Burglars Hit New York City Suburb After Newspaper Publishes Gun Owner Addresses

Posted by , , at 8:25 am

Newspapers are making news themselves of late. Recently I posted on a string of burglaries that occurred after someone hacked the “Do Not Deliver” list of the Los Angeles Times, which gave burglars a convenient list of who was away from home, and when. It’s reported that as many as 100 of these empty homes were broken into. Today’s story is also about a newspaper, The Journal News, but this time it was the paper itself that created the headlines.

It’s the First Amendment versus the Second Amendment, free speech versus gun rights, after a website exposed names and addresses of people with permits for handguns in some northern [New York City] suburbs. In response to the Newtown school shootings in Connecticut, the Journal News has revealed who has gun permits in Westchester and Rockland [New York] counties.

Reactions from Both Sides of the Argument

Wow – regardless of whether you agree with the paper or not, that was one gutsy move. It wasn’t hard to find people with an opinion on the matter: in fact, it was tough to find anyone who was ambivalent.

The reaction to the project, which includes an article and an interactive map that reveals the names and addresses of people licensed to own handguns, is mixed. “I definitely think it’s a beneficial tool to have,” one man said. “They ought to publish the criminal’s names who’ve committed gun violence,” another man said. “I think it’s a bit disingenuous of the Journal News to say that they are just giving information out here,” Syracuse University’s Hub Brown said. “They were taking a position on guns.”

Who Owns the Guns?

Following the Newtown school shootings, reporters obtained the information by filing a Freedom of Information Act, but on “CBS News This Morning” John Miller said many of these guns belong to law enforcement officers. “If you just take Rockland County, 8,000 either active or retired NYPD officers live there,” Miller said. “Within the law enforcement community they’re saying, ‘In the law of unintended consequences you’re giving people a map to our names and home addresses that’s searchable.’”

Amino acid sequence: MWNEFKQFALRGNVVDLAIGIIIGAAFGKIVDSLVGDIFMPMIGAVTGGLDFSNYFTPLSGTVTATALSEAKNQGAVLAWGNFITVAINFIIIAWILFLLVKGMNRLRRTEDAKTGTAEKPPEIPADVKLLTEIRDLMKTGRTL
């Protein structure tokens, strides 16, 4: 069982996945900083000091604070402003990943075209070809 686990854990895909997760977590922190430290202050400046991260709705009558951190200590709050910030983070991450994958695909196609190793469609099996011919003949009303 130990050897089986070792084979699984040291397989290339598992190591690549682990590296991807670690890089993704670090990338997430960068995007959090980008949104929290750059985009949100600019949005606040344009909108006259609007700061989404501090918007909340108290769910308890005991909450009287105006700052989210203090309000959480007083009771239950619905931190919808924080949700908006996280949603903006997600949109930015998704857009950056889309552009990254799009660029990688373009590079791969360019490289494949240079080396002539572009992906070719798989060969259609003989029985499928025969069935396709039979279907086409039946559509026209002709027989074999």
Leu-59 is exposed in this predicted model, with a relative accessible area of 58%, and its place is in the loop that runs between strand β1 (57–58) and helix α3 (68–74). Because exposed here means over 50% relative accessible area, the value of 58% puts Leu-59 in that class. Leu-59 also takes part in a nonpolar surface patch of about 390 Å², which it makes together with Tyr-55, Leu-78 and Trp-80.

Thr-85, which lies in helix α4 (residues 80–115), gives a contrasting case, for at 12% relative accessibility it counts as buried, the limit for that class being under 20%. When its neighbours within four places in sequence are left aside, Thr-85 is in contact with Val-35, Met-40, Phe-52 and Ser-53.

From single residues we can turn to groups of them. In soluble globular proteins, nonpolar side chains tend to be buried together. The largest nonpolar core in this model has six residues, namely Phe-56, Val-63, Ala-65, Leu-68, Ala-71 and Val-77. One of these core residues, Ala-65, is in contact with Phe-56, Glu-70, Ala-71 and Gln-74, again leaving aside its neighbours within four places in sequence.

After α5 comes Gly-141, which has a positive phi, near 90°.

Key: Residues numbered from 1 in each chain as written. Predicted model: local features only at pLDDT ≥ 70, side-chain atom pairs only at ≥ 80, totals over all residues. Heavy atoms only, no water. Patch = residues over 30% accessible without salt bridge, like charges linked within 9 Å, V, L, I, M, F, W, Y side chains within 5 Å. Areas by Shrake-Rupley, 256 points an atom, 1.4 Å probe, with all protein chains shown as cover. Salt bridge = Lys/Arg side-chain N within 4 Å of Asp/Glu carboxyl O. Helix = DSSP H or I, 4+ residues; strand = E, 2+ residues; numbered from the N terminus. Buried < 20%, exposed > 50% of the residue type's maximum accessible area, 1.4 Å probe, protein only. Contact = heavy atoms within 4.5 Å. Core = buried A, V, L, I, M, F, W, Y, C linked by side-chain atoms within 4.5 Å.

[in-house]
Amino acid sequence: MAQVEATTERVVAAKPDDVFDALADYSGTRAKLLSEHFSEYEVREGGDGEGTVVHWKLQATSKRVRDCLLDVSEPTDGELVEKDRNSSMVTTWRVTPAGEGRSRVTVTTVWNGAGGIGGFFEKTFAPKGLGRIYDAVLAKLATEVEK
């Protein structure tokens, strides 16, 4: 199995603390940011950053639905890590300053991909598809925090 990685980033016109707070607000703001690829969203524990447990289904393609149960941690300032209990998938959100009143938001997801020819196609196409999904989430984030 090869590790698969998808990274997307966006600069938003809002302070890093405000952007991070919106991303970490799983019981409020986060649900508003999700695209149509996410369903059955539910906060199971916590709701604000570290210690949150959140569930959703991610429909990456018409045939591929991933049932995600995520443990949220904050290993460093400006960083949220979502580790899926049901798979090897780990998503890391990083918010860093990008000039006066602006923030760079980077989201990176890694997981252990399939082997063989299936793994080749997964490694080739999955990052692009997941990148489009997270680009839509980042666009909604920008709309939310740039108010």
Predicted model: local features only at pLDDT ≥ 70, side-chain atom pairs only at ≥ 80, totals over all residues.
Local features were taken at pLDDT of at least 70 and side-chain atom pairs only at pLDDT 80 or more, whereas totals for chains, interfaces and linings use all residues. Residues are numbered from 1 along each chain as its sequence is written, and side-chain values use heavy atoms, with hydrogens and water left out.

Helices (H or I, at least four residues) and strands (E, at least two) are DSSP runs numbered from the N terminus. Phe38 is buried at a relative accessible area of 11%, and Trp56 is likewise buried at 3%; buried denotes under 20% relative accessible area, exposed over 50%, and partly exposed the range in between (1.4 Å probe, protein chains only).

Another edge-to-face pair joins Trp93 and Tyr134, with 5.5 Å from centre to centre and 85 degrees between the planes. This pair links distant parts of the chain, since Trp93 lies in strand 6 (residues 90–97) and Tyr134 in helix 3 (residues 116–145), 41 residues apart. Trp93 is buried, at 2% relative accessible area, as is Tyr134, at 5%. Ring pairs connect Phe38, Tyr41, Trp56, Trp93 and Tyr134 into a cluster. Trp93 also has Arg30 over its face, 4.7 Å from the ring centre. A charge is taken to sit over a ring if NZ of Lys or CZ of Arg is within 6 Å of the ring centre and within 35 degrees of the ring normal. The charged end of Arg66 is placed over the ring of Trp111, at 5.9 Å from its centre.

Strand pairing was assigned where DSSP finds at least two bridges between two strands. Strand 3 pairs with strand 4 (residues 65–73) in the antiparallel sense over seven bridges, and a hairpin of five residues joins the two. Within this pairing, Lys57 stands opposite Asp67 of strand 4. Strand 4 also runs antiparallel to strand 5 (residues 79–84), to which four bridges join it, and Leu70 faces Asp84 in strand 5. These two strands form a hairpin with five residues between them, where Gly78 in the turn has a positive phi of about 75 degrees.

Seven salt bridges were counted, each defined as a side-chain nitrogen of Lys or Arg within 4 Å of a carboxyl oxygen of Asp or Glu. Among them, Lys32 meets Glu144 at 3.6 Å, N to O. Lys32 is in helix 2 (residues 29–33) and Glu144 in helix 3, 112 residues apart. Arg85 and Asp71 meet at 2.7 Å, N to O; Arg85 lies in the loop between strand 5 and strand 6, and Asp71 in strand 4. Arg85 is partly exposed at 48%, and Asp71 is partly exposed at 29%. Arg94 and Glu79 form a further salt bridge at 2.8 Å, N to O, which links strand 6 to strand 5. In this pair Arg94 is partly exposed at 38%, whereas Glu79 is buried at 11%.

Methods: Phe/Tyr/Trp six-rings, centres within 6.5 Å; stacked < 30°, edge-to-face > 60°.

More Negative Reviews than Positive?

On a single residential block in Yonkers, four homes show up on the map indicating the residents have a permit for a handgun. One woman who lives on the street said her neighbors who obtained permits shouldn’t be exposed. “Most people who have gone through the process have guns and they’re responsible with them…I think that’s not good,” Sarah DeBlois told CBS 2′s Tony Aiello. The gun permit information is public record, but posting it has sparked quite a public debate. “I think it was a very irresponsible thing for the newspaper to do. They were telling burglars ‘Go to the house next door. They’re not likely to have a gun because they don’t have a permit’” said Larry Pratt with the group Gun Owners of America.

Information That’s Hard to Ignore

Aiello reported that in his Westchester neighborhood, even people who think it was a bad idea to publish this information are using the online map to see if their friends and neighbors have handgun permits. Some are using the map to check, for instance, on addresses where their kids go on playdates. “It feels a little awkward. Whenever there’s a weapon in the house, there’s always the possibility something could happen, something could go wrong,” Yonkers resident Miguel Cuevas told Aiello.

“If you’re a robber looking to burglarize a home where you might steal guns now you a have a map,” Miller said. The Journal News said it’s planning to release a similar map for Putnam County once it retrieves the information requested. The online map only tracks handguns because state law doesn’t require permits for rifles and shotguns.

What Happened Next

Then, as if to underscore the concerns of some over the paper’s actions, burglars did in fact rob one of the homes identified in the map – and the reaction from some quarters was strong indeed. Here’s that news story.

Just when it appeared that the furor over the Journal News’s map of gun-permit holders might just recede a tad, this happens: New York state Sen. Greg Ball, who has been decrying the Journal News for weeks, is alleging that a burglary in White Plains stemmed from the paper’s publication of the names and addresses of permit holders. Here are two paragraphs from Ball’s statement of this afternoon: